The city was evacuated due to the approaching hurricane.


An atmospheric system characterized by the rapid inward circulation of air masses about a low-pressure center, usually accompanied by stormy, often destructive weather. Cyclones circulate counterclockwise in the Northern Hemisphere and clockwise in the Southern Hemisphere.


A severe tropical cyclone having winds greater than 64 knots (74 miles per hour; 119 kilometers per hour), originating in the equatorial regions of the Atlantic Ocean or Caribbean Sea or eastern regions of the Pacific Ocean, traveling north, northwest, or northeast from its point of origin, and usually involving heavy rains.


A violent tropical storm, especially one originating in the southwestern Pacific Ocean or Indian Ocean.


Are cyclones and hurricanes the same?

Yes, they are similar phenomena but named differently based on their location.

What is the scale for measuring cyclones?

It varies by region, including the Australian and Fiji scales.

What scale is used for hurricanes?

The Saffir-Simpson Hurricane Wind Scale.

Can cyclones occur in both hemispheres?

Yes, with different rotation directions in each.

Where do hurricanes occur?

In the Atlantic Ocean and northeastern Pacific.

How do cyclones form?

From warm ocean waters and atmospheric disturbances.

What is a cyclone?

A rotating storm system characterized by low pressure, strong winds, and heavy rain.

What is a hurricane?

A severe tropical storm in the Atlantic or northeastern Pacific, with winds exceeding 74 mph.

Where do cyclones occur?

Mainly in the Indian Ocean and South Pacific.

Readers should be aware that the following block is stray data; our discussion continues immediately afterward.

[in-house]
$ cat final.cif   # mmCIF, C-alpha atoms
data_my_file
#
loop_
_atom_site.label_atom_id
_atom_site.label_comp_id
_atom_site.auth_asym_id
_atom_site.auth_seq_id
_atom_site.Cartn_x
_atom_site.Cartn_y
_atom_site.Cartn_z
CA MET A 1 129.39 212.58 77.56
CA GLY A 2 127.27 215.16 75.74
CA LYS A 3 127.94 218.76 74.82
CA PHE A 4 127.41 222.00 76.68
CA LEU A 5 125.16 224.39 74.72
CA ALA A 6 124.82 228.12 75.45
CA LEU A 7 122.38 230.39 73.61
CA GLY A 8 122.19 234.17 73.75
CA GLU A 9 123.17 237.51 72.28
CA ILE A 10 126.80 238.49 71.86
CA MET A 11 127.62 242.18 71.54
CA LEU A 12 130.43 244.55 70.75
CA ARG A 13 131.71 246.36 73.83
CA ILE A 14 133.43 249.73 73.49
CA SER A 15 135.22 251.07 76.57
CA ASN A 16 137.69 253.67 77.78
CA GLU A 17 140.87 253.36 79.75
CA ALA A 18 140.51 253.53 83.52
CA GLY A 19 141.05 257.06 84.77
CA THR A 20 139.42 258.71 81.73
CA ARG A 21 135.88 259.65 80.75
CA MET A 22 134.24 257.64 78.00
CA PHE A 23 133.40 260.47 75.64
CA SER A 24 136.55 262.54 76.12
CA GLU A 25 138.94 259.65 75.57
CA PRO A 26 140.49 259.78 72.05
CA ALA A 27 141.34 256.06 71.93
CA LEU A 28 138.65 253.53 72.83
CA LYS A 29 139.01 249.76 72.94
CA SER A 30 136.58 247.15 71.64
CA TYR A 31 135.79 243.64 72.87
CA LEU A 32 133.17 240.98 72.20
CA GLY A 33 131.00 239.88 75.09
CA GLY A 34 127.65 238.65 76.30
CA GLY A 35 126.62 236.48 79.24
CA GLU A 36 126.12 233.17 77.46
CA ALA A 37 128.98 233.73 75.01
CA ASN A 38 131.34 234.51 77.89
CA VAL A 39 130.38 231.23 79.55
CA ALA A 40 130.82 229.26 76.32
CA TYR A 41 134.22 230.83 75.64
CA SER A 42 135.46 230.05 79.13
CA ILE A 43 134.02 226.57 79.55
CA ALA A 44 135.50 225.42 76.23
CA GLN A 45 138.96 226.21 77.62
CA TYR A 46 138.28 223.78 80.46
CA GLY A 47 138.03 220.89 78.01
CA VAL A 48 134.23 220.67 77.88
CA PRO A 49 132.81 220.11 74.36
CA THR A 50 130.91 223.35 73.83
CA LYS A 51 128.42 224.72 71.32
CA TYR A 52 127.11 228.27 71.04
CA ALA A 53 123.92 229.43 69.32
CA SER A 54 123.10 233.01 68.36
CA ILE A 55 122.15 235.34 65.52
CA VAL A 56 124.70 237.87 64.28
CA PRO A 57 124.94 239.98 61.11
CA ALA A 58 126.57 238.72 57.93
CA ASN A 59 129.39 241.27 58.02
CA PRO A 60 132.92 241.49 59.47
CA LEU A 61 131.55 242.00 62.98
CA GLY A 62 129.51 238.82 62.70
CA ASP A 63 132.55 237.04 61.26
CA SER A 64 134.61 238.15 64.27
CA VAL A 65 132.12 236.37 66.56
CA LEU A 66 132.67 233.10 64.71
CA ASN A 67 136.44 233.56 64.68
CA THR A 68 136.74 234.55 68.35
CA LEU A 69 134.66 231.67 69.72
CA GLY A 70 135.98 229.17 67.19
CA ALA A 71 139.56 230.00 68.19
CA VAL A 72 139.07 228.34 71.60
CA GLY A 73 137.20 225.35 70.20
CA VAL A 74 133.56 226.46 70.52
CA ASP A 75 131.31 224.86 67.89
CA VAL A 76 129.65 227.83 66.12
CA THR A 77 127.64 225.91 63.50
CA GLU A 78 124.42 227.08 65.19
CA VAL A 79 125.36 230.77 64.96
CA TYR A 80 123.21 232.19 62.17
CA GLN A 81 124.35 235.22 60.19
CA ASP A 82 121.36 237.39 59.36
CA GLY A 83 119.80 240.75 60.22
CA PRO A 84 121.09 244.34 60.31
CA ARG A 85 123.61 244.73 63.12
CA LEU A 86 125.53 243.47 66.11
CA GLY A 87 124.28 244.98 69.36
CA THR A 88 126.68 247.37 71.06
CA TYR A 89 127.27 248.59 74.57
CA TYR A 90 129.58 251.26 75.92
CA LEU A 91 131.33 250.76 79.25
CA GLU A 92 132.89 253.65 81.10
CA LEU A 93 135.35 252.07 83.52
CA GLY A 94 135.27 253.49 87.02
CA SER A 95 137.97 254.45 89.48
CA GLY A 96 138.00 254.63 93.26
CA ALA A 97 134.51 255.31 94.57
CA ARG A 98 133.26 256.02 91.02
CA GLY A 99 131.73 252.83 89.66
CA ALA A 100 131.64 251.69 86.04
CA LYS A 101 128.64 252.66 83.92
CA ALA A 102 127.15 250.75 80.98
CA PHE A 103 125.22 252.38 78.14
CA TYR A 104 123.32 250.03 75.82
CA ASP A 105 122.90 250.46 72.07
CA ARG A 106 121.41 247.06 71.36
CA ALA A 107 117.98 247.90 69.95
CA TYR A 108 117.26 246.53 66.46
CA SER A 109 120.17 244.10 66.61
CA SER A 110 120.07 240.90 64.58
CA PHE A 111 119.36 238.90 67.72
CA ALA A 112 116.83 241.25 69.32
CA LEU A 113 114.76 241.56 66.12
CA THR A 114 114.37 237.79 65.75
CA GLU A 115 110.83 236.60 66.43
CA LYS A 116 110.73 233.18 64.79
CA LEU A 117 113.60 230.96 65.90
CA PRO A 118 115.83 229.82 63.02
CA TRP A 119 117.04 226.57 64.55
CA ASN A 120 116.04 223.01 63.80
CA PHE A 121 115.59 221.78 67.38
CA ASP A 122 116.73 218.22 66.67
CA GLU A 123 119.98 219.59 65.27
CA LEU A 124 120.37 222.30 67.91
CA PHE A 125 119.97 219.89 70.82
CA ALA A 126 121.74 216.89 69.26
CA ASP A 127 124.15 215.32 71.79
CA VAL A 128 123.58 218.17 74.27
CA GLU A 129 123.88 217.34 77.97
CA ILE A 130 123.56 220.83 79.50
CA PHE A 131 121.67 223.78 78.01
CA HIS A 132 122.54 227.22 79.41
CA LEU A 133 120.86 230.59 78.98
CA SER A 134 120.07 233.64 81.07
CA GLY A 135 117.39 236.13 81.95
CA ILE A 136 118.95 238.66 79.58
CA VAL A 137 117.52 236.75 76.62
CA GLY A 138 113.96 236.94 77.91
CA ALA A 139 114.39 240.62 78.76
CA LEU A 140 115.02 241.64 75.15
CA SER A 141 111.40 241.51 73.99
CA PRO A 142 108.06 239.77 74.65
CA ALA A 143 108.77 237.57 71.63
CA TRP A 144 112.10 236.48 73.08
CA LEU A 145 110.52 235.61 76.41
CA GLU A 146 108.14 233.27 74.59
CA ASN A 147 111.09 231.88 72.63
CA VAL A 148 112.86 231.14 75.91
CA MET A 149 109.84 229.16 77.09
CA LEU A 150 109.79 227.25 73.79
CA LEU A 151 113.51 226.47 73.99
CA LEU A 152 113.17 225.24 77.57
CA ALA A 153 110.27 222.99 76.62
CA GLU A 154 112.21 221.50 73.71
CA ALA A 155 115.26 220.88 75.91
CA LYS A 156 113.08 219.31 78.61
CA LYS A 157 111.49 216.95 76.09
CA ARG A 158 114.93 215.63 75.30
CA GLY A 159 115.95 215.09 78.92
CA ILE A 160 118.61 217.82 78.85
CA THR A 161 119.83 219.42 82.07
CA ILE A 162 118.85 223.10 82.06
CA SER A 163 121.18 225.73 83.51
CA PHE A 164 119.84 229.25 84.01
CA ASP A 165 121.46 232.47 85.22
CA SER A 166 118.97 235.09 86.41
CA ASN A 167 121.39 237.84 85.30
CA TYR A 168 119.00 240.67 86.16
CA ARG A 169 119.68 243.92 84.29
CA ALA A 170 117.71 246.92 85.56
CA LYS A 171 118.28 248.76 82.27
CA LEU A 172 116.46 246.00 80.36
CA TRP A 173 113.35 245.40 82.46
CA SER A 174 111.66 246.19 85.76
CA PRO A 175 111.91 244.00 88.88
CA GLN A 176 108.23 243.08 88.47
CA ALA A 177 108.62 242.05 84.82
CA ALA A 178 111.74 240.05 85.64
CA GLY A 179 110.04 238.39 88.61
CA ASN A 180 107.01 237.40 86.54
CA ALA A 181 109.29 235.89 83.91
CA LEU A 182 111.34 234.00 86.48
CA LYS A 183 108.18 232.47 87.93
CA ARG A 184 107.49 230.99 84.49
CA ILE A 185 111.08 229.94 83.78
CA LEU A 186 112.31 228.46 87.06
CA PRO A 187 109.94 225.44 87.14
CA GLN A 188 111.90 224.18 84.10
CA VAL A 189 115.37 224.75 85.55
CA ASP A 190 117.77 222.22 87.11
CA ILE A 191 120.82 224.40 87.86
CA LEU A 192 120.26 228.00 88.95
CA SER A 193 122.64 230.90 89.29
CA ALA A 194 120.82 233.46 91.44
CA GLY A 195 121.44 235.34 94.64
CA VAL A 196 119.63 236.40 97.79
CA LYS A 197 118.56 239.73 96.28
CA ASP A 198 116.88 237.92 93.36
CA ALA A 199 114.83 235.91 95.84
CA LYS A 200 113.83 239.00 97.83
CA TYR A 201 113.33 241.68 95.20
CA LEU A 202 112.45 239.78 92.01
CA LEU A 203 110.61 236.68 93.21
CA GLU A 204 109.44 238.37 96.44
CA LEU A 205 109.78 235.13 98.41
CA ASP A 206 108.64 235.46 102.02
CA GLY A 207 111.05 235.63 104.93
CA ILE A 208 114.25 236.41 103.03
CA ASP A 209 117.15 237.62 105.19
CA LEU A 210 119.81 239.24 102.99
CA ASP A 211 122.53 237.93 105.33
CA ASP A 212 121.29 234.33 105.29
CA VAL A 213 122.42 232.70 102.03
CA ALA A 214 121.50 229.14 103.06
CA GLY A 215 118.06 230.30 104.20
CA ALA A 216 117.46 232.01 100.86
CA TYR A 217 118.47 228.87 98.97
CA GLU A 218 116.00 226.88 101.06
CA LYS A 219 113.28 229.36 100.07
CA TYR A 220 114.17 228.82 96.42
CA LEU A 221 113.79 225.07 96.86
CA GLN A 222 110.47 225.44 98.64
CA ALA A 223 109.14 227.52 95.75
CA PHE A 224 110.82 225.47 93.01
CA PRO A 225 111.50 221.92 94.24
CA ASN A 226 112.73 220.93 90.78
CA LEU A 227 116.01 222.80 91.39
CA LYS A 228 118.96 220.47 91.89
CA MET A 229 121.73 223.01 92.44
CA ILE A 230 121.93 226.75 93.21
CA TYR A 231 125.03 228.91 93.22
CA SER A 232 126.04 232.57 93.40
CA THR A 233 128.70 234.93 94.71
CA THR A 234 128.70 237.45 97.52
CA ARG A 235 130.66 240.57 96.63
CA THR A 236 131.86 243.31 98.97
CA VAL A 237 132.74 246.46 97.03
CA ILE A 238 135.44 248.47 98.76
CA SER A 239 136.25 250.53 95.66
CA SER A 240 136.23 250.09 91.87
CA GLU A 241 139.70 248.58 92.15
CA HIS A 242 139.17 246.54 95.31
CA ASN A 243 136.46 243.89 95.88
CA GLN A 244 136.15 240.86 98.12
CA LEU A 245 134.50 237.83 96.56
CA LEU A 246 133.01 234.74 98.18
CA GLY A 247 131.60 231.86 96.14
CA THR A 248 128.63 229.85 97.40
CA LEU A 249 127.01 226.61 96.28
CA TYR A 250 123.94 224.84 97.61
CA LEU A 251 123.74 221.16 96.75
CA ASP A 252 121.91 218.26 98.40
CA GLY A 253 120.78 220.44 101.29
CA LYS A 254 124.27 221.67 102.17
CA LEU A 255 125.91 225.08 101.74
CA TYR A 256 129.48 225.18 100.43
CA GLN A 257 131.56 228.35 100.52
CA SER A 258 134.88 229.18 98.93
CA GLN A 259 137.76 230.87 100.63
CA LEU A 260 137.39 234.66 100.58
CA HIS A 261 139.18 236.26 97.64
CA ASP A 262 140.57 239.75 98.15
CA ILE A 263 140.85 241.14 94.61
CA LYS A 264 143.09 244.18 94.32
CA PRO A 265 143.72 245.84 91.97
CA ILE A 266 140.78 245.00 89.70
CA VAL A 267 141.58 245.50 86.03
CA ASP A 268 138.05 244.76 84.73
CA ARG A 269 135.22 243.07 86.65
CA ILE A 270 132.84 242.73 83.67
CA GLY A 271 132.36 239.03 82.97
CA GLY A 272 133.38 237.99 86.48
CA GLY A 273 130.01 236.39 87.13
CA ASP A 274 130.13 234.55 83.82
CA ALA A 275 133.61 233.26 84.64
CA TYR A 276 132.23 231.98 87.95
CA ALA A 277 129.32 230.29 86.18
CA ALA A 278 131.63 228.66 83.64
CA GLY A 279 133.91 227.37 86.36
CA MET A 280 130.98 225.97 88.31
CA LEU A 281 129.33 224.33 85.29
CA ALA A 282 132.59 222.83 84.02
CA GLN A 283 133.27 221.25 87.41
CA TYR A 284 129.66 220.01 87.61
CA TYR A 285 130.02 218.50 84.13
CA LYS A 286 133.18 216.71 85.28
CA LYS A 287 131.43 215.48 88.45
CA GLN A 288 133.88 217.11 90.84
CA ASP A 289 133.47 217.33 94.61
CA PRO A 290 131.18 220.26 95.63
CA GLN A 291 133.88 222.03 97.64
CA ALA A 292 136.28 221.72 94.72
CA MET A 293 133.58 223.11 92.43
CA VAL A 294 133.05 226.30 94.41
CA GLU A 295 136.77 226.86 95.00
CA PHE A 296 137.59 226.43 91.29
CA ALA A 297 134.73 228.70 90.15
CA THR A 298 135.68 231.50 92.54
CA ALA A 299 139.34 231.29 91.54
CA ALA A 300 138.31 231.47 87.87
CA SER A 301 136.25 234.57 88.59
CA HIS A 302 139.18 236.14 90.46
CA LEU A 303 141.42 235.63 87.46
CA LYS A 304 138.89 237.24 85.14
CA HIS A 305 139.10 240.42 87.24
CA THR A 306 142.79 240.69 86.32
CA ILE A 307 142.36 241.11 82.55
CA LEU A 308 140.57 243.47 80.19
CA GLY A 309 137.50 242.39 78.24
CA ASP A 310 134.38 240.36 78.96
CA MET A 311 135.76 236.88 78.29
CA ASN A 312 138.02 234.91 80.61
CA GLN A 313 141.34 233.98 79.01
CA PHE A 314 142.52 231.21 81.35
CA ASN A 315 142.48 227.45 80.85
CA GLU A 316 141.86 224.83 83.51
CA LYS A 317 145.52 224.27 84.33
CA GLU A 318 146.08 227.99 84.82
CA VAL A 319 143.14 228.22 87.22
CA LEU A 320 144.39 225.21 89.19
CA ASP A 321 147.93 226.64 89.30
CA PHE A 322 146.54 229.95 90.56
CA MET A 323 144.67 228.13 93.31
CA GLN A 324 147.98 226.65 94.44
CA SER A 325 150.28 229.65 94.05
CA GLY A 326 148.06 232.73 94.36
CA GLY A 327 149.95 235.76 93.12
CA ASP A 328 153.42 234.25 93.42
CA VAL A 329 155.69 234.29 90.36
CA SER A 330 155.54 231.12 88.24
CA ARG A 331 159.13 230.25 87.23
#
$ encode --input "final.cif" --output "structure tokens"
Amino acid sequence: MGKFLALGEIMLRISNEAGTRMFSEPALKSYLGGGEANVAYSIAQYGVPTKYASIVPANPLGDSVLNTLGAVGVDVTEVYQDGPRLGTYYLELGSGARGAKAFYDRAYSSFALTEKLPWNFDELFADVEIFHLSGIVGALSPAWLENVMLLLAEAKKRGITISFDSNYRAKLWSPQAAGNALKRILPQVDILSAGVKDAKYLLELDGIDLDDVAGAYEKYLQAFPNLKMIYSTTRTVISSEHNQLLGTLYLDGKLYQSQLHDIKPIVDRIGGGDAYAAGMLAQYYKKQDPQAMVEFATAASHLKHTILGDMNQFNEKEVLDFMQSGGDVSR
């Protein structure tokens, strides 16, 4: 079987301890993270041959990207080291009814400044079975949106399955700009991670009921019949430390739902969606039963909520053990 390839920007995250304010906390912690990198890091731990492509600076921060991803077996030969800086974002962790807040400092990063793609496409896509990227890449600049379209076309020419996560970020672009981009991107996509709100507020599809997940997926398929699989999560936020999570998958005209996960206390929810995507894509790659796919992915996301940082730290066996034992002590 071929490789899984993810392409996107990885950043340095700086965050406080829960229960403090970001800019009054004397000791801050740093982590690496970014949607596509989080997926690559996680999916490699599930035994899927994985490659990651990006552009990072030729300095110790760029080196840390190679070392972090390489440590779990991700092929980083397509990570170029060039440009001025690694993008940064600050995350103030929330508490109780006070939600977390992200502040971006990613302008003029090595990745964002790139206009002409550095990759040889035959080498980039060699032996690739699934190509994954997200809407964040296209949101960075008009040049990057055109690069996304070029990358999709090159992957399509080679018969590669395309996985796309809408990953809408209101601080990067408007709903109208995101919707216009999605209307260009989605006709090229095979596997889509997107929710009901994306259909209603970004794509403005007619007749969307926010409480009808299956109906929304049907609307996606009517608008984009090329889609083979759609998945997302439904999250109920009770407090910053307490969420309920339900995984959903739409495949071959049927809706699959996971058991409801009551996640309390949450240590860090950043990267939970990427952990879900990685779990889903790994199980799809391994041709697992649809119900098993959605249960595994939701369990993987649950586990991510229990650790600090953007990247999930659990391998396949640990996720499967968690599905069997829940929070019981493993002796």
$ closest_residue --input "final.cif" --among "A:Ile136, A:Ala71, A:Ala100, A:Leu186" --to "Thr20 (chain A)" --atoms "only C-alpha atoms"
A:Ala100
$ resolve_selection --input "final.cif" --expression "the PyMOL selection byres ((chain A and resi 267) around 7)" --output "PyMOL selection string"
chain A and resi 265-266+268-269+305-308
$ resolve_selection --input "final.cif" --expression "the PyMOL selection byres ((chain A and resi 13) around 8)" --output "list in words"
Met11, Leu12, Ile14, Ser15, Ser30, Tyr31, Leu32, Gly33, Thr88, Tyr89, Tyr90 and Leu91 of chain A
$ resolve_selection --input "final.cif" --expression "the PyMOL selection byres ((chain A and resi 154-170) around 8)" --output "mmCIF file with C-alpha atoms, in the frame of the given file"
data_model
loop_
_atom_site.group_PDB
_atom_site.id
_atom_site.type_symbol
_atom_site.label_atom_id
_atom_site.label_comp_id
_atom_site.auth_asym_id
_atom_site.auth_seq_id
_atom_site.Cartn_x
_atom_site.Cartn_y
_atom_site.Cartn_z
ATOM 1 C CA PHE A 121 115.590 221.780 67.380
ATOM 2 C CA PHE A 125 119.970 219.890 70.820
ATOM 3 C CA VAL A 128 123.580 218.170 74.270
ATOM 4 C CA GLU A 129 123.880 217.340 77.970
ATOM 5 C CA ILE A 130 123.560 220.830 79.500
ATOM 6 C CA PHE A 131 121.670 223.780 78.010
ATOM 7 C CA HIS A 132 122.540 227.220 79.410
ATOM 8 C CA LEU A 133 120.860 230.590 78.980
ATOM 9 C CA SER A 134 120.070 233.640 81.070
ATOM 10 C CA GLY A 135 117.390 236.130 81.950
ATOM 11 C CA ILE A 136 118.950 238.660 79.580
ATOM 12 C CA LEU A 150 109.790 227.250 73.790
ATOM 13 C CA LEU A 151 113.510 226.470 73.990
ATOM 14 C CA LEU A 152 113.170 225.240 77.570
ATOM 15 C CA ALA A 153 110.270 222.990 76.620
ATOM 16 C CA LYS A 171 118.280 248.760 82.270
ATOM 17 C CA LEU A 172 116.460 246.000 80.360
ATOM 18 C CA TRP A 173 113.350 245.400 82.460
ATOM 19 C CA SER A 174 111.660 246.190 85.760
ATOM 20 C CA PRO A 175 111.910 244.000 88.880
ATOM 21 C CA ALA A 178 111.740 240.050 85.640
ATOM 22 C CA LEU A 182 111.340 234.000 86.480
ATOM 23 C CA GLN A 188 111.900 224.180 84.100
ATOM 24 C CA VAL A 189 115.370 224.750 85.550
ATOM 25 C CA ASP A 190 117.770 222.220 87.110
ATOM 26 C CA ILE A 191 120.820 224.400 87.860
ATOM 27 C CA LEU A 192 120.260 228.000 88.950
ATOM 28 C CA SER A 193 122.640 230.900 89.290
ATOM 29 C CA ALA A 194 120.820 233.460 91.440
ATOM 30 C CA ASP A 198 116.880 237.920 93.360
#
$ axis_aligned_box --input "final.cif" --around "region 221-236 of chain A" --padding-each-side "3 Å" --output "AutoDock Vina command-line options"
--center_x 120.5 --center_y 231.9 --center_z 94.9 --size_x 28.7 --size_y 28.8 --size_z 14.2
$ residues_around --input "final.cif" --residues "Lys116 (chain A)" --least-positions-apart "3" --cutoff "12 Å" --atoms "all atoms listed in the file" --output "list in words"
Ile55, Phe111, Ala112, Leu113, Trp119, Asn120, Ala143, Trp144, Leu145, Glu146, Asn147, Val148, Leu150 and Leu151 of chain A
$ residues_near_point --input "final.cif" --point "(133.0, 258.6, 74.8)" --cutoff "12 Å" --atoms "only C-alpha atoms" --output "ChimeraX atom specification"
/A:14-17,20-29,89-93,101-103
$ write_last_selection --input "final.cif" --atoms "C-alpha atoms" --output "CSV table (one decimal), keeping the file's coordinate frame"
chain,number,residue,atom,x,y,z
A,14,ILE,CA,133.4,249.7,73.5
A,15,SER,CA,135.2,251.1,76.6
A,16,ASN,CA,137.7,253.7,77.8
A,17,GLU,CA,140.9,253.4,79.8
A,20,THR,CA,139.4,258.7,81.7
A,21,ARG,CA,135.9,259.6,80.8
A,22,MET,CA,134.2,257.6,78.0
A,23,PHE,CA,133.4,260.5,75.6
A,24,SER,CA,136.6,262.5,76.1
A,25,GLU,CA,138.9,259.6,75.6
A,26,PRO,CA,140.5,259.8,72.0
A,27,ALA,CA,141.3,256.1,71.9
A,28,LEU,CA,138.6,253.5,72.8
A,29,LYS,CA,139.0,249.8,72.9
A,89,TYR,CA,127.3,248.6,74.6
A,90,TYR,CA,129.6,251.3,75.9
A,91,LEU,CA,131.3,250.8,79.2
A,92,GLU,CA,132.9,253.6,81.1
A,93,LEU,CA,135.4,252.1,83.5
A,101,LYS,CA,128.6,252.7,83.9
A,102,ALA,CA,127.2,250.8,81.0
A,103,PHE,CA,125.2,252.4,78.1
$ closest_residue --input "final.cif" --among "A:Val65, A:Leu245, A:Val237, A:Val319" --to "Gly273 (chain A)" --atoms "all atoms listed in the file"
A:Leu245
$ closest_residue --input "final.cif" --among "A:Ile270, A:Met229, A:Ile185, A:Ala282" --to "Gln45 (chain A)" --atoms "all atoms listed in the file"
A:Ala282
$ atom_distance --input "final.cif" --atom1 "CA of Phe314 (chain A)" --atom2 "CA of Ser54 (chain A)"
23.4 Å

How long can hurricanes last?

They can last from a few days to over a week.

What causes hurricanes?

They form over warm ocean waters, driven by atmospheric instability.

What should one do to prepare for a hurricane?

Similar to cyclones, including securing homes, following evacuation orders, and having a disaster kit.

What are the impacts of hurricanes?

Similar to cyclones, including wind damage, flooding, and storm surges.

How are cyclones named?

By regional meteorological organizations, following specific naming lists.

How are hurricanes named?

By the World Meteorological Organization using predetermined lists.

Do hurricanes only occur in the Northern Hemisphere?

Primarily, but similar storms in the Southern Hemisphere are called cyclones or typhoons.

What damage can cyclones cause?

Extensive damage from winds, flooding, and landslides.

How long do cyclones last?

Typically a few days, but can vary greatly.

Can we predict cyclones?

Yes, with increasing accuracy due to advanced meteorological technology.

Are hurricanes predictable?

Yes, but their paths and intensities can vary, making precise predictions challenging.

What preparations are needed for a cyclone?

Evacuation plans, securing property, and having emergency supplies.
About Author
Written by
Harlon Moss
Harlon is a seasoned quality moderator and accomplished content writer for Difference Wiki. An alumnus of the prestigious University of California, he earned his degree in Computer Science. Leveraging his academic background, Harlon brings a meticulous and informed perspective to his work, ensuring content accuracy and excellence.
Edited by
Aimie Carlson
Aimie Carlson, holding a master's degree in English literature, is a fervent English language enthusiast. She lends her writing talents to Difference Wiki, a prominent website that specializes in comparisons, offering readers insightful analyses that both captivate and inform.